Fever of unknown origin in the Dog (also known as Pyrexia of unknown origin)

What is fever?

Fever in dogs and cats is an increase in body temperature because of an increase in the body’s thermoregulatory set point. In a similar manner to which your boiler responds when you increase the temperature thermostat in your home, the body reacts to reach the new higher set temperature. To reach this higher temperature the body produces heat (shivering) in addition to taking measures to prevent heat loss (diversion of blood away from the skin).

The body’s thermoregulatory set point is controlled by the hypothalamus in the brain. The mechanism by which the set point is elevated involves pyrogens which reach the brain via the blood. Pyrogens can be exogenous (e.g. infectious agents, drugs) or endogenous pyrogens (e.g. cytokines).

In dogs and cats with a fever the rectal temperature is equal to or above 39.5°C (103.1°F). Although some animals, in particular cats, can elevate their body temperature to this level with stress. A rectal temperature above 40°C (104°F) is unlikely to be stress related.

What is Pyrexia?

Pyrexia is an increase in body temperature that exceeds the normal range for a particular age and species. Pyrexia due to true fever occurs when there is an elevation of the body’s set point (see above). “Pyrexia” and “fever” in dogs and cats are often used interchangeably by most clinicians.

Why develop a fever?

Fever is an important component of the immune response, though its role is not completely understood. A fever has several effects including increasing the activity of leucocytes (white blood cells) which fight off the invading bacteria or viruses; it can also inhibit the growth of some bacteria.

What is Fever of unknown origin or FUO?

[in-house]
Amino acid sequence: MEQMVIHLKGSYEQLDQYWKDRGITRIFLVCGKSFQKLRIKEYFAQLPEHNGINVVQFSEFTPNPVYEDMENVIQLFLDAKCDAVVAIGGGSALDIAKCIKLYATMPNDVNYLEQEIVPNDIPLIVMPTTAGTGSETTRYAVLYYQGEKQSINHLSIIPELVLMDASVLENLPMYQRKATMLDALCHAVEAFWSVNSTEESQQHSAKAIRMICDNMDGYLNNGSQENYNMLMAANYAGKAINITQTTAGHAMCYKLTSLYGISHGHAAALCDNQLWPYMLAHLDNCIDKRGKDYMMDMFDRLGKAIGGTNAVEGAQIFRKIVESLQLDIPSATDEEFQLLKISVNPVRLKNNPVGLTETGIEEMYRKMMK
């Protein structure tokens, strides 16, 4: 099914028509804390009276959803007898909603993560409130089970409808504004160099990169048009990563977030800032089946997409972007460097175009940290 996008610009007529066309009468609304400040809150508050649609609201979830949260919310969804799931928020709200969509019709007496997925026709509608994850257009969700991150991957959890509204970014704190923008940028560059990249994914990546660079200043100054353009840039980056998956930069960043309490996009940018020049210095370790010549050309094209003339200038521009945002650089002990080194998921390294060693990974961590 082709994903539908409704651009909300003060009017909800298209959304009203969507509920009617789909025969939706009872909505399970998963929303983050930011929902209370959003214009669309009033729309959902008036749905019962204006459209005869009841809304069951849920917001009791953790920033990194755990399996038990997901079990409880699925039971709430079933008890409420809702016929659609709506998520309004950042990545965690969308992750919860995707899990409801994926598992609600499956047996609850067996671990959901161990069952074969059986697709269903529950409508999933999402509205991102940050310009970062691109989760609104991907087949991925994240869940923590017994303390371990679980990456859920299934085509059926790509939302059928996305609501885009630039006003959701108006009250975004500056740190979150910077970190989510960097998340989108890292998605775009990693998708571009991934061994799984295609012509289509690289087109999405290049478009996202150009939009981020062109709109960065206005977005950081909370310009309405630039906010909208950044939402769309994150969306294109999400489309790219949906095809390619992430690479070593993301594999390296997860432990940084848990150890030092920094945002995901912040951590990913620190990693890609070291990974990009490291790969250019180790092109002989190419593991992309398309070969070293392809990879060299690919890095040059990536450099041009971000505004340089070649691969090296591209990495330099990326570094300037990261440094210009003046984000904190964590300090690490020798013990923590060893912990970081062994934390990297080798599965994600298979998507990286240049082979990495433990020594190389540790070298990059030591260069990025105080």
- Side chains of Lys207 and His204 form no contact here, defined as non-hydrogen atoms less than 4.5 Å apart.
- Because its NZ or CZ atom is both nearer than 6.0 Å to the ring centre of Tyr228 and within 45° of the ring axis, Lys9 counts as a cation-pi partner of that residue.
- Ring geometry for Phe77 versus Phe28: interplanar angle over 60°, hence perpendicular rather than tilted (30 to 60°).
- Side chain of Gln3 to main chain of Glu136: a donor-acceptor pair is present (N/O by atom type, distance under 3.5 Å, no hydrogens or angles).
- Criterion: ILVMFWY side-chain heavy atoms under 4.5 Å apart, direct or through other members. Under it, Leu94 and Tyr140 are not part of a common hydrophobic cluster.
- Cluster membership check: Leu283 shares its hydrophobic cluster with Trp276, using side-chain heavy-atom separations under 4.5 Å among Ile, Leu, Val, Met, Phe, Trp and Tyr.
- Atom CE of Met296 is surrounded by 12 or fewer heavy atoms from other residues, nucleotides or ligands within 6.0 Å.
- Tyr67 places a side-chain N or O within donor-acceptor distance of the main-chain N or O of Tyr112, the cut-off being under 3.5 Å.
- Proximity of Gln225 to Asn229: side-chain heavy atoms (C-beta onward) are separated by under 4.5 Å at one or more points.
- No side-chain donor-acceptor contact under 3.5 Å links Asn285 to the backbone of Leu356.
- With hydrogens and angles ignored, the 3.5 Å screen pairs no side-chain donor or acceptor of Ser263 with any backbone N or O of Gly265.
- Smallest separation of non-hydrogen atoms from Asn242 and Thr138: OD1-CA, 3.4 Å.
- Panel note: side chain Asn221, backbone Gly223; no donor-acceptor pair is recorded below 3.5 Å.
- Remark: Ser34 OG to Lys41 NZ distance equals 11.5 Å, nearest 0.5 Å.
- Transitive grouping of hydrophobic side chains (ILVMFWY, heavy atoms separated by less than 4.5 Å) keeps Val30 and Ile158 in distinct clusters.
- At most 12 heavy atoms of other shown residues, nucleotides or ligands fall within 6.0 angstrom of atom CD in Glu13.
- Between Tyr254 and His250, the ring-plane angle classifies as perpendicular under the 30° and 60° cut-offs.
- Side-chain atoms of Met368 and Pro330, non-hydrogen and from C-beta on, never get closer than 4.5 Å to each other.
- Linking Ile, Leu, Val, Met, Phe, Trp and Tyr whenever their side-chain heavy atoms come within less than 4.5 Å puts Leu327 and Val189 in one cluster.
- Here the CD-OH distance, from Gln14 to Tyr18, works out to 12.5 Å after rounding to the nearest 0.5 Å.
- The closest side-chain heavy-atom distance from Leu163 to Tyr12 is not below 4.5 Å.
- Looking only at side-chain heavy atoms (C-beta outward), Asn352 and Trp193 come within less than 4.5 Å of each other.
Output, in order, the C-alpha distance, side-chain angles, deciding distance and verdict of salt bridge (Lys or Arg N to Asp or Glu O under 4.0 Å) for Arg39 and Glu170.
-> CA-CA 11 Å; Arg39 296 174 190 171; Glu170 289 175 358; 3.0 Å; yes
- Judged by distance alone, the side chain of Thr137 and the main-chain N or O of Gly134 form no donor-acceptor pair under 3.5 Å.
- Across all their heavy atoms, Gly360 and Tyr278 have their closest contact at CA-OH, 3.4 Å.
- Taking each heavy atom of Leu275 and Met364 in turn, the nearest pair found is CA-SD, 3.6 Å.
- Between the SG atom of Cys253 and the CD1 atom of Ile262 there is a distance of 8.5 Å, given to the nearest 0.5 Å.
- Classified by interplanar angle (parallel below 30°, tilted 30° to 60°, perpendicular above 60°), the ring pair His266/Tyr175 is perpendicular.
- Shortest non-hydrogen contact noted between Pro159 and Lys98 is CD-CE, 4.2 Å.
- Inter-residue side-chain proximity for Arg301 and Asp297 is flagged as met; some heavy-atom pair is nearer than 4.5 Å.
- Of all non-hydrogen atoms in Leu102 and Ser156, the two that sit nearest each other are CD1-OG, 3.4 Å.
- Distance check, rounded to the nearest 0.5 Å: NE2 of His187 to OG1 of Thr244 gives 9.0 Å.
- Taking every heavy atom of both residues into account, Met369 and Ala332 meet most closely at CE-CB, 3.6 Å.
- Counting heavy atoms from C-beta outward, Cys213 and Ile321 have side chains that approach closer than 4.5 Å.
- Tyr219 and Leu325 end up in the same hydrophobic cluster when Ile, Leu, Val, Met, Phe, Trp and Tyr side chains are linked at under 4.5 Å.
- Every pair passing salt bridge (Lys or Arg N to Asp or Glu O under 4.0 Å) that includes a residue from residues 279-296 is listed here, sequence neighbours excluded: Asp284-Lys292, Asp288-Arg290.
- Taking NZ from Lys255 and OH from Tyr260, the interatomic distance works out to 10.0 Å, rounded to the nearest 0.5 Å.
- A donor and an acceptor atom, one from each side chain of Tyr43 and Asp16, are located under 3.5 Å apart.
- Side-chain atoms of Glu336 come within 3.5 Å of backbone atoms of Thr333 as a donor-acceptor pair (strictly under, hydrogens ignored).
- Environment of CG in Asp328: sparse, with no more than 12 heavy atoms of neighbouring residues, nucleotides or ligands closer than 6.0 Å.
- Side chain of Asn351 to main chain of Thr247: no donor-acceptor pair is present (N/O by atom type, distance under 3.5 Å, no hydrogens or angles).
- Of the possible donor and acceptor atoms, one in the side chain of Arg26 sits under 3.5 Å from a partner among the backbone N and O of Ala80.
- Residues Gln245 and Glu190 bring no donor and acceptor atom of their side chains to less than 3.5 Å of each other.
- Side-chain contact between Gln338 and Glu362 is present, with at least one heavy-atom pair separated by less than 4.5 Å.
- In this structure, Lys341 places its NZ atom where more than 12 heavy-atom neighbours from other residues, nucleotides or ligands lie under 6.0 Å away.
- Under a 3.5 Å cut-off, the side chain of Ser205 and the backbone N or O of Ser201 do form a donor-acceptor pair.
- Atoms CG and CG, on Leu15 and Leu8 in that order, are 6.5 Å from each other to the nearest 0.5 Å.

FUO is a term used to describe a patient in which a fever is present but the underlying disease process cannot be readily identified. Historically, in human medicine, FUO was defined as a persistent fever for more than three weeks with a lack of a specific diagnosis after one week of investigation. Due to evolution in health care this definition has continually been redefined. In veterinary medicine, this definition is also difficult to fulfil due to a variety of reasons. As a consequence veterinarians will refer dogs for investigations of “FUO” when there is no obvious cause identified with first line diagnostics or there has been no response to a therapeutic trial with a broad spectrum antibiotic.

What are the causes of FUO?

There are a large number of different diseases that can cause fever in dogs and cats. Some of these conditions are rare and can be hard to diagnose. In some cases the diagnosis may be a relatively common one, but the disease has presented in an unusual manner. In dogs we typically group the causes of fever (or FUO) into the following groups:

  • Infectious diseases ( which includes viral, bacterial, protozoal or fungal)
  • Immune mediated disease
  • Cancers
  • Miscellaneous group (this group contains conditions that don’t easily fit into the other categories. An example would be a joint condition affecting young dogs called ‘metaphyseal osteopathy’)

Can prior treatment affect the tests?

Yes. In a recent retrospective study (Battersby JSAP 2006) which looked at dogs undergoing investigations for fever, the effects of prior treatment were evaluated. In dogs that had received treatment with antibiotics, corticosteroids or non steroidal anti inflammatory (NSAID) drugs within 24 hours of referral, time to diagnosis was significantly increased when compared with dogs that hadn’t received treatment.

The delay in diagnosis could be attributed to a variety of reasons but would include suppressing the underlying condition sufficiently resulting in falsely negative test results.

When should the investigations be performed?

The best time to perform investigations is when the patient has a high fever and preferably has not received any recent medication such as corticosteroids. In some cases if a patient’s temperature is found to be normal during the initial consultation, the clinician may elect to delay investigations until the temperature returns to reduce the chances of a falsely negative test result.

What investigations may be performed?

This can vary considerably depending on the clinical course. Sometimes during hospitalisation clinical signs develop that can allow the clinician to target the diagnostics to a specific area. An example would be a patient developing joint pain; in this case radiographs of the joint and joint taps would be indicated.

Clinical signs do not always develop and in this situation the clinician may elect to initiate screening tests to such as routine bloods, radiographic examinations of chest and abdomen and ultrasound examinations of the abdomen.

If you are concerned about the health of your pet you should contact your veterinary surgeon.

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